It’s amazing how similar a swarm of bees and a group of children can look.
More than 30 kids descended upon the Lee Elementary annex Wednesday to help sort clothes, shoes and school supplies for the USD 383 homeless student program.
The group of fourth-, fifth- and sixth-graders spent their “early release day” working on behalf of their youth groups at First United Methodist Church, First Presbyterian Church and University Christian Church.
Those churches and nine more recently held a clothing drive for the district’s program: Crestview Community Church, Westview Community Church, Faith Evangelical Free Church, Vineyard Community Church, College Avenue United Methodist Church, Manhattan Mennonite Church, Peace Lutheran Church, Living Word Church and Christ the Redeemer Church.
“We probably could have gotten more churches involved with more notice,” said Kenna McFall, who heads the children’s ministry at University Christian Church.
The 12 churches spent three Sundays collecting clothes during services for the program, which serves around 250 students, most of whom share housing with others or live in shelters.
The drive’s haul filled the bed of three pickup trucks.
“I was pleased,” McFall said. “It’ll be interesting to see how much is new and how much is used.”
Organized chaos seemed like the appropriate phrase to describe the scene as the kids moved around the room.
They needed to figure out if they belonged to the clothes, shoes or supplies sorters.
Misplaced items had to be taken to the proper place.
Even more clothes started to come in, so some boys ran out to get the bags.
Andi Tanner, 11, and Alissa Kohls, 10, worked in the slightly less hectic shoes section.
The classmates at Marlatt Elementary and church mates at First United Methodist talked about the importance of helping those less fortunate.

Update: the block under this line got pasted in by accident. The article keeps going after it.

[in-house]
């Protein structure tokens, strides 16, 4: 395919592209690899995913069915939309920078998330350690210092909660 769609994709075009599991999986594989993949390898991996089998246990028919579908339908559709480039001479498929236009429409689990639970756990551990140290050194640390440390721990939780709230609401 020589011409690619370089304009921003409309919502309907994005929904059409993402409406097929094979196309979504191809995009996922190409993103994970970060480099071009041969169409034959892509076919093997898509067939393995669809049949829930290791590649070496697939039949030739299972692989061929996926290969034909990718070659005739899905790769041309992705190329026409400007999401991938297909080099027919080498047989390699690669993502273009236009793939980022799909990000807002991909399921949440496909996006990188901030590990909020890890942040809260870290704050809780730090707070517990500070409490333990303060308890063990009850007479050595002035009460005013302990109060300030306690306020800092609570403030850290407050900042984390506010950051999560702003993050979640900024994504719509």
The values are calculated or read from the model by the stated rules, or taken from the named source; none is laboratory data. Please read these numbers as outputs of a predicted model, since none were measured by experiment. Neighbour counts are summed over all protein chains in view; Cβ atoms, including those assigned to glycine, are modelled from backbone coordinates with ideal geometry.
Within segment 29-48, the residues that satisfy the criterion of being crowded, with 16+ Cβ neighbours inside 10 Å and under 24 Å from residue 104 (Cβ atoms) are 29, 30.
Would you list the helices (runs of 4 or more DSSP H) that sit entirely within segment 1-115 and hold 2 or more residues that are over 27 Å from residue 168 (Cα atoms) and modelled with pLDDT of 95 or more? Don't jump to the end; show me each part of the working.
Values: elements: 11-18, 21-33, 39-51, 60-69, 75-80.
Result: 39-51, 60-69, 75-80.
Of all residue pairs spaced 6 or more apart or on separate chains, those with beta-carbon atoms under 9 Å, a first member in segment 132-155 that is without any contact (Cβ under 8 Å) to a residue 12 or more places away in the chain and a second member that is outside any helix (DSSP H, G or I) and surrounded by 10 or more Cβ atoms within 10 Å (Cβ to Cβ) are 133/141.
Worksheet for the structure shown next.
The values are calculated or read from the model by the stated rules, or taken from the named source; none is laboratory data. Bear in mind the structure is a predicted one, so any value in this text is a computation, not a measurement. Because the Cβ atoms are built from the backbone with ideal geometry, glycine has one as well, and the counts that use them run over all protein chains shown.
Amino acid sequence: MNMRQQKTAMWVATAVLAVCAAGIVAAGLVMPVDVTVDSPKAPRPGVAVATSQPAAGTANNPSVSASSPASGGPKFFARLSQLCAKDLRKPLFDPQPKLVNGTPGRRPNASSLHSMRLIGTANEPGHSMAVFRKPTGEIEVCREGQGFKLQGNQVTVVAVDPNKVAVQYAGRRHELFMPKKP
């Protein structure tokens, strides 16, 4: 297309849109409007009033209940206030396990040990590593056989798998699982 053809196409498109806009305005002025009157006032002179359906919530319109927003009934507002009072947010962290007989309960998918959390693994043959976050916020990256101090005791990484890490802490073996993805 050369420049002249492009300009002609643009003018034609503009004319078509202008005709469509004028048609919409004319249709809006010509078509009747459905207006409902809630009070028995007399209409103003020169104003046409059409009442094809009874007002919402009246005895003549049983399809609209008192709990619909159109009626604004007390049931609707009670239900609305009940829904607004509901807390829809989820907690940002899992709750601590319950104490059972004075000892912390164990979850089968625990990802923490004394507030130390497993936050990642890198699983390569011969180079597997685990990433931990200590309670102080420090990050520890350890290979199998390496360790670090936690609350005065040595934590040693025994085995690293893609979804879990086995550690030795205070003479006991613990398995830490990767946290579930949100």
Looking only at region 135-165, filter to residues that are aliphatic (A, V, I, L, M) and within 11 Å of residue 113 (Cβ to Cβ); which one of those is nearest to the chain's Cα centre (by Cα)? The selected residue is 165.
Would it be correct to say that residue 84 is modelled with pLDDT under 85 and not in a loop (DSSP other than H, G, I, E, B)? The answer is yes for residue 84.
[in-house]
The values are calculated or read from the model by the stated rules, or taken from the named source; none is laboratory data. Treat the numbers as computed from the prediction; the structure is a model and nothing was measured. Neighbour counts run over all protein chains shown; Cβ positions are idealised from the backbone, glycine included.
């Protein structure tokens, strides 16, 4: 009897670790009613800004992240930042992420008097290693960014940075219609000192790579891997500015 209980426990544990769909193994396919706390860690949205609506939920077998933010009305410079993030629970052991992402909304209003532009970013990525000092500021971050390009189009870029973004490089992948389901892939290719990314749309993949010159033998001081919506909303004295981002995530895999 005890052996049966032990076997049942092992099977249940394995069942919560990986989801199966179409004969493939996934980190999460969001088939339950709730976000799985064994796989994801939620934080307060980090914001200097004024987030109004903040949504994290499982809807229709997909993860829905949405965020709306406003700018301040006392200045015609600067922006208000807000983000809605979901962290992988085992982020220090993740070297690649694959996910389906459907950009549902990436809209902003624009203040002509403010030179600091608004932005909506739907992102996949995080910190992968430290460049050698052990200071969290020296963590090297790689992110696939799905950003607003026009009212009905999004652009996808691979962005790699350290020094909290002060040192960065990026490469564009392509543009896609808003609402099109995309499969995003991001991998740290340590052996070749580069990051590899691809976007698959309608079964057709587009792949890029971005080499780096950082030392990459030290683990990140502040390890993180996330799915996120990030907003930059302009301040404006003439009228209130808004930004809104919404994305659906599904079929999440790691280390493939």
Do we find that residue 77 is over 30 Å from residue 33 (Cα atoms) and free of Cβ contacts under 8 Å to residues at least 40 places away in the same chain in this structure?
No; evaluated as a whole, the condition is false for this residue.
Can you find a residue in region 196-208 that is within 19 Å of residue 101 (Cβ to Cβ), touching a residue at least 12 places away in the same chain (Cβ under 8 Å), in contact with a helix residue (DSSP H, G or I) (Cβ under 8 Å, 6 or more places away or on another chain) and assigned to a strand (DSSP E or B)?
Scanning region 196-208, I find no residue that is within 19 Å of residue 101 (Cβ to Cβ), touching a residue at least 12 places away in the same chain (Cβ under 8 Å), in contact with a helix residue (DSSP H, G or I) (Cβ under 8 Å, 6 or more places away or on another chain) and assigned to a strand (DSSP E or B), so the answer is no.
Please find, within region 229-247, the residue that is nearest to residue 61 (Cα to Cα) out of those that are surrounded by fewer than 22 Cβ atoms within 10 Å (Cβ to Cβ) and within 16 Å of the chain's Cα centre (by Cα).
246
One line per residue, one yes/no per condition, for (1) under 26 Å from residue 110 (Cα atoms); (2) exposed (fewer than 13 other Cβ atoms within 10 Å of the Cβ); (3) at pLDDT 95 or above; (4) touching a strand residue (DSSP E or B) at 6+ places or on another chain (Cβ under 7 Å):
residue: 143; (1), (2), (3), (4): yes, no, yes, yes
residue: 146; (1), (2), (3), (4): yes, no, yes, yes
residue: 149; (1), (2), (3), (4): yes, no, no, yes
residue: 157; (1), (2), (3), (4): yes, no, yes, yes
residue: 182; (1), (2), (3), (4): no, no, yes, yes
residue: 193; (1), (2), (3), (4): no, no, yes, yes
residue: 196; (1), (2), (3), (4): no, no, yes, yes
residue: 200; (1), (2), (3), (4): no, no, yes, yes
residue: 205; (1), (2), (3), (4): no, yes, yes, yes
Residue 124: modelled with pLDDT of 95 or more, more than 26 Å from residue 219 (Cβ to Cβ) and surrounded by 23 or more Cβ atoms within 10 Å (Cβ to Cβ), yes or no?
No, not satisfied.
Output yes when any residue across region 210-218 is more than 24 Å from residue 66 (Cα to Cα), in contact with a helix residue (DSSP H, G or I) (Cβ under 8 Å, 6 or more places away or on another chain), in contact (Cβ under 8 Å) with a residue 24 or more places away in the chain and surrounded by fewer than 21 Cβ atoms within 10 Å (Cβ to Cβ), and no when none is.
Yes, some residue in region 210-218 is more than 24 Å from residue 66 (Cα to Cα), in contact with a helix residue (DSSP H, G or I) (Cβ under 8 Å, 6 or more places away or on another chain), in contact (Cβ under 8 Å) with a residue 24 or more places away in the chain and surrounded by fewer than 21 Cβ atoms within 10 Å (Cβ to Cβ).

“Lots of people don’t have new clothes to wear for winter,” Tanner said. “I just like helping out people. It’s fun to work with others too.”
Kohls described helping as a passion of hers.
“For one thing, I love to help out people that need stuff like food, water and clothes,” she said. “It makes me really sad when they don’t have that stuff.”
Stan Ward, USD 383 coordinator of federal/state funds and grants, said the community response for the program has been incredible.
The program itself has experienced a recent surge in support this past month.
“It went from an invisible problem to a great community response,” Ward said.
Ward said it’s not just the donations that have increased.
Community leaders in the city and county have started preliminary plans for an event in January that would involve many of the services for those less fortunate.
“It has really kick-started an incredible snowball effect in the community,” Ward said.
The kids also started gaining momentum with their sorting.
The piles of clothes and shoes became more organized as the children hung coats and matched items by size and gender.
After looking at some of the clothing, Ward could have provided an answer to McFall’s inquiry about the quality of clothes.
“What’s amazing is how much is so new,” he said. “There are still tags on them.”